Platform as a Service (PaaS)

With platform-as-a-service or PaaS, the vendor provides its customers with the same server space and flexibility, but with some additional tools to customize applications more easily. Furthermore, a PaaS vendor handles things like operating system, runtime, middleware, virtualization, and storage although the client or customer manages their own applications and data.

PaaS describes both the infrastructure and software for building digital applications. PaaS providers generally specialize in building certain types of applications, like eCommerce applications. PaaS providers offer dedicated or virtualized hardware, and some hide the infrastructure layer from the customer for ease of use. Though PaaS requires a high degree of technical proficiency, PaaS providers often include features that make it easier for non-technical clients to create digital applications and experiences.

PaaS is a good fit for organizations if you don’t have the level of expertise in the infrastructure needed for IaaS but still want your development teams to deploy their applications and websites themselves.

Examples,
  • Google App Engine
  • OutSystems
  • Heroku

PaaS Best Use Case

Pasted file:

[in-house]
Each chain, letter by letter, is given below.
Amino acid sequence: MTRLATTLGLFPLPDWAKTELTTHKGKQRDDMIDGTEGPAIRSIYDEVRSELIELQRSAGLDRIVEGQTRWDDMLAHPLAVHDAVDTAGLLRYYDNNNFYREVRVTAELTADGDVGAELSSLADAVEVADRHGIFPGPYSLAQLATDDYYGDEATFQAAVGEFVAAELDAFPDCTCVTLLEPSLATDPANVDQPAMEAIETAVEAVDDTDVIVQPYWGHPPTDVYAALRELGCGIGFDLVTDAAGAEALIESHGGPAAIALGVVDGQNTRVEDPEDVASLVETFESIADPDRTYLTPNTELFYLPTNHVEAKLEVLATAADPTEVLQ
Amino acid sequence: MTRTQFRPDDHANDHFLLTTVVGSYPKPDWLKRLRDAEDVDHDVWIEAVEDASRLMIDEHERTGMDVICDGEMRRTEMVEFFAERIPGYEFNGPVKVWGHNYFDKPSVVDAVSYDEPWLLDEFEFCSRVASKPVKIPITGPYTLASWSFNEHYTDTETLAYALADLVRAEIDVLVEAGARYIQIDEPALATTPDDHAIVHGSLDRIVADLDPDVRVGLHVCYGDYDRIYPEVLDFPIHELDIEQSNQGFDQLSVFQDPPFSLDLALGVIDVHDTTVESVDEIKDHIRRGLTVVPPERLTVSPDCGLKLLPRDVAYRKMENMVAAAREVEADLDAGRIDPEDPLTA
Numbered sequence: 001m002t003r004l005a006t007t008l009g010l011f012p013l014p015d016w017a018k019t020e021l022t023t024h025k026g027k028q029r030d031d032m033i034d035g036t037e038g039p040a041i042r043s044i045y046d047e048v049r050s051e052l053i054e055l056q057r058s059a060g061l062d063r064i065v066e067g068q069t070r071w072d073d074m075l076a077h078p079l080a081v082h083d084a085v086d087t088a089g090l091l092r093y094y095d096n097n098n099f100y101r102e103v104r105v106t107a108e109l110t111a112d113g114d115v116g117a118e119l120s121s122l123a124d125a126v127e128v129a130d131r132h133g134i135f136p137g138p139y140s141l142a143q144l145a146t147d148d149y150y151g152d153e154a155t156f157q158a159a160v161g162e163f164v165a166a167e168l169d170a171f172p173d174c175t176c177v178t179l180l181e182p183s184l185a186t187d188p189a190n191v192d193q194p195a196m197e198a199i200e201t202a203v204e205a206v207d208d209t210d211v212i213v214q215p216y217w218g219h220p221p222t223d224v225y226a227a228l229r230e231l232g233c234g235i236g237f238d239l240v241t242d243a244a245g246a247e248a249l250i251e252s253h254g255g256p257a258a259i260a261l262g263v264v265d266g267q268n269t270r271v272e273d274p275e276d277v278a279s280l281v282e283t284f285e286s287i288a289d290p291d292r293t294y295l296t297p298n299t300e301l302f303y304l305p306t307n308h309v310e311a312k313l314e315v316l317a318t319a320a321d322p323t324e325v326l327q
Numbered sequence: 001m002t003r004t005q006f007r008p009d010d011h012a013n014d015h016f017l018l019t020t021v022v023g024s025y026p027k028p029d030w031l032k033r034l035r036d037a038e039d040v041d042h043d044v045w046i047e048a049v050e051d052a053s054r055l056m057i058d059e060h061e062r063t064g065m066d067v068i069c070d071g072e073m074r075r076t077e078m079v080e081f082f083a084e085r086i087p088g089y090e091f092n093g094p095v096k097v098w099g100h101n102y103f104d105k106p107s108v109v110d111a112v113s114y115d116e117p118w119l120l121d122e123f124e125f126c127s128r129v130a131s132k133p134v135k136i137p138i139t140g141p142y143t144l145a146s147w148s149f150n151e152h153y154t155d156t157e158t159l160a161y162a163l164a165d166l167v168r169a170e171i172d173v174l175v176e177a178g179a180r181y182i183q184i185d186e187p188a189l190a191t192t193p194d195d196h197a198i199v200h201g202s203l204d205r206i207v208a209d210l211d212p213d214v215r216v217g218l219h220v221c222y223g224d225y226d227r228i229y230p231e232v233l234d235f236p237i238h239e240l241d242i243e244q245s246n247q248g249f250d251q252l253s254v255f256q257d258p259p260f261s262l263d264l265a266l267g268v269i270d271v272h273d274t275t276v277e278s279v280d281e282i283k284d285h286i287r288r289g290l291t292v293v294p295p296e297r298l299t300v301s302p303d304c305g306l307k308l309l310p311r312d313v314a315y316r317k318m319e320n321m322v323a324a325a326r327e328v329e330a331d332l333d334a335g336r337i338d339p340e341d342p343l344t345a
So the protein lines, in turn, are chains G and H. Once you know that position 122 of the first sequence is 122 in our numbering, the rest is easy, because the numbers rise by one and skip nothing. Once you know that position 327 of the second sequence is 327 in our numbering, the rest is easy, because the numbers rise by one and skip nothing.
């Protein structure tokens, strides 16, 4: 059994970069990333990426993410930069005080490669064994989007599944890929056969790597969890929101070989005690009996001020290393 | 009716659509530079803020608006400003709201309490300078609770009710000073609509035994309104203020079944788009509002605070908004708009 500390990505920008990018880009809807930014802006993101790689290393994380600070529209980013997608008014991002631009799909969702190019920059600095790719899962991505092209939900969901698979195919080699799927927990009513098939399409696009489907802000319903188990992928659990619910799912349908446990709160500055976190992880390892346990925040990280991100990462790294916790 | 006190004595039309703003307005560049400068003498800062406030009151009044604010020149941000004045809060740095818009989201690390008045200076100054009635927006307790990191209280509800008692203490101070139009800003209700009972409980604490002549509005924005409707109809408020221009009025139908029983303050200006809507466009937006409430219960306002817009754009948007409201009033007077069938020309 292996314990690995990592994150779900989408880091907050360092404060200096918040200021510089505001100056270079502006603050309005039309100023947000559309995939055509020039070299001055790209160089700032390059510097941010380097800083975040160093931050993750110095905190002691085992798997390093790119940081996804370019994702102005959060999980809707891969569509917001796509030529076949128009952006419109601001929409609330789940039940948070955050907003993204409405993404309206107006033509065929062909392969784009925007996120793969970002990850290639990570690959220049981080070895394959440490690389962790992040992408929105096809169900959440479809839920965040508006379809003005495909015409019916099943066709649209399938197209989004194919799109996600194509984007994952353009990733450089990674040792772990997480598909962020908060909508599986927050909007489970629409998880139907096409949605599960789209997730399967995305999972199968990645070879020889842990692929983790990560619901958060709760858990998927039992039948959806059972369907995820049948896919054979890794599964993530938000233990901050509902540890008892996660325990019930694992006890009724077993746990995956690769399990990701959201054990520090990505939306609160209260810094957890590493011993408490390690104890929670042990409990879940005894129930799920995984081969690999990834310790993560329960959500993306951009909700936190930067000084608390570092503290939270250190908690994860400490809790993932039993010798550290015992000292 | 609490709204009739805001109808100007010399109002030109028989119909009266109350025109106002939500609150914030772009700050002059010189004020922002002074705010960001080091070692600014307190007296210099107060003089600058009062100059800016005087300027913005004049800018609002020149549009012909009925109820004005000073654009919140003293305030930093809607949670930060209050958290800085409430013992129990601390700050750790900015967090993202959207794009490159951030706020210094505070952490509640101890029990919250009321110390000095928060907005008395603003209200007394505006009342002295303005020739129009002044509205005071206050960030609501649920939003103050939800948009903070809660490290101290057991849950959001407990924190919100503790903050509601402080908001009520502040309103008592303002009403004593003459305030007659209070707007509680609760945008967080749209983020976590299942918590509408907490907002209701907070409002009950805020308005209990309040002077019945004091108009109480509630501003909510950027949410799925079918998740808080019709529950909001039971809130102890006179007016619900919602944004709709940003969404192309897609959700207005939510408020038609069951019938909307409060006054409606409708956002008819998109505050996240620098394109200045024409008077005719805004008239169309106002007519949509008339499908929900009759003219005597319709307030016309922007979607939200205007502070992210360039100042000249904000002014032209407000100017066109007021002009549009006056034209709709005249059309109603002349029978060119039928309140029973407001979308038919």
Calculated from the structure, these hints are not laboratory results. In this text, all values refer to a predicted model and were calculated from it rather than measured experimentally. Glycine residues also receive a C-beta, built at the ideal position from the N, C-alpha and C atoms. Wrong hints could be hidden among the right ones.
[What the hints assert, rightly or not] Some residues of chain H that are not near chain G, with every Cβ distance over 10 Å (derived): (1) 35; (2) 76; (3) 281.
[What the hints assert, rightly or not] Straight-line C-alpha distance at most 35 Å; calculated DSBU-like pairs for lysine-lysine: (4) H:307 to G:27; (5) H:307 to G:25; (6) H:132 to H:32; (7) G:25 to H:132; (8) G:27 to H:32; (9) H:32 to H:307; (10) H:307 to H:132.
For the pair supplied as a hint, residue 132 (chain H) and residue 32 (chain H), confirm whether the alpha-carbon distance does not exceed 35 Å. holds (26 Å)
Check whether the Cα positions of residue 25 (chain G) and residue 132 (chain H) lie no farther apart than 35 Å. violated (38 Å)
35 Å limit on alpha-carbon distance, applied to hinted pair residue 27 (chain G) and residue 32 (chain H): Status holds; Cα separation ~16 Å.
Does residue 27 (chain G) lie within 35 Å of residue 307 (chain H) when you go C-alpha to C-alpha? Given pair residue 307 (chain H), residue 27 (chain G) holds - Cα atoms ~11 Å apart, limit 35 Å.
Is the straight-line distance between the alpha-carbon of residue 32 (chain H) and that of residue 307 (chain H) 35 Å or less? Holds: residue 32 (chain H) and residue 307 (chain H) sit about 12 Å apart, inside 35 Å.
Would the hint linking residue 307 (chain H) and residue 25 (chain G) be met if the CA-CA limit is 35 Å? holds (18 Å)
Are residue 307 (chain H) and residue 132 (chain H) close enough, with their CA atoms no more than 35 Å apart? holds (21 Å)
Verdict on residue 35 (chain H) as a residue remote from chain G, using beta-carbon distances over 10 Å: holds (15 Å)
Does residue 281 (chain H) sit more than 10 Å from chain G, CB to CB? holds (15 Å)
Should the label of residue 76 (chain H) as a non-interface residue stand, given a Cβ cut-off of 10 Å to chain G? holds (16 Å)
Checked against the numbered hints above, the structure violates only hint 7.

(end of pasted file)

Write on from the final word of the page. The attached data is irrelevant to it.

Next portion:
PaaS is best suited to a team of developers who want the freedom to build their own applications without having to worry about underlying tasks like runtime and traffic load management.

Software as a Service (SaaS)

Software-as-a-service basically handles all the technical stuff while at the same time providing an application (or a suite of applications) that the client or customer can use to launch projects immediately — or at least, faster than they would do with an IaaS or PaaS solution, both of which require more technical input from the client or customer. Coincidentally most SaaS vendors use IaaS or PaaS Solutions to support their suite of applications, handling the technical elements so their customers don’t have to.

SaaS is the least hands-on of the three cloud computing solutions and is good if you don’t have developer resources but need to provide capabilities to end users. You won’t have visibility or control of your infrastructure and are restricted by the capabilities and configuration of the software tools. This can be restrictive when you want to integrate with other systems you may own and run, but does allow you to get up and running quickly.

SaaS providers allow customers to take advantage of the features of the software they provide without the customer having to purchase infrastructure or use IaaS or PaaS solutions.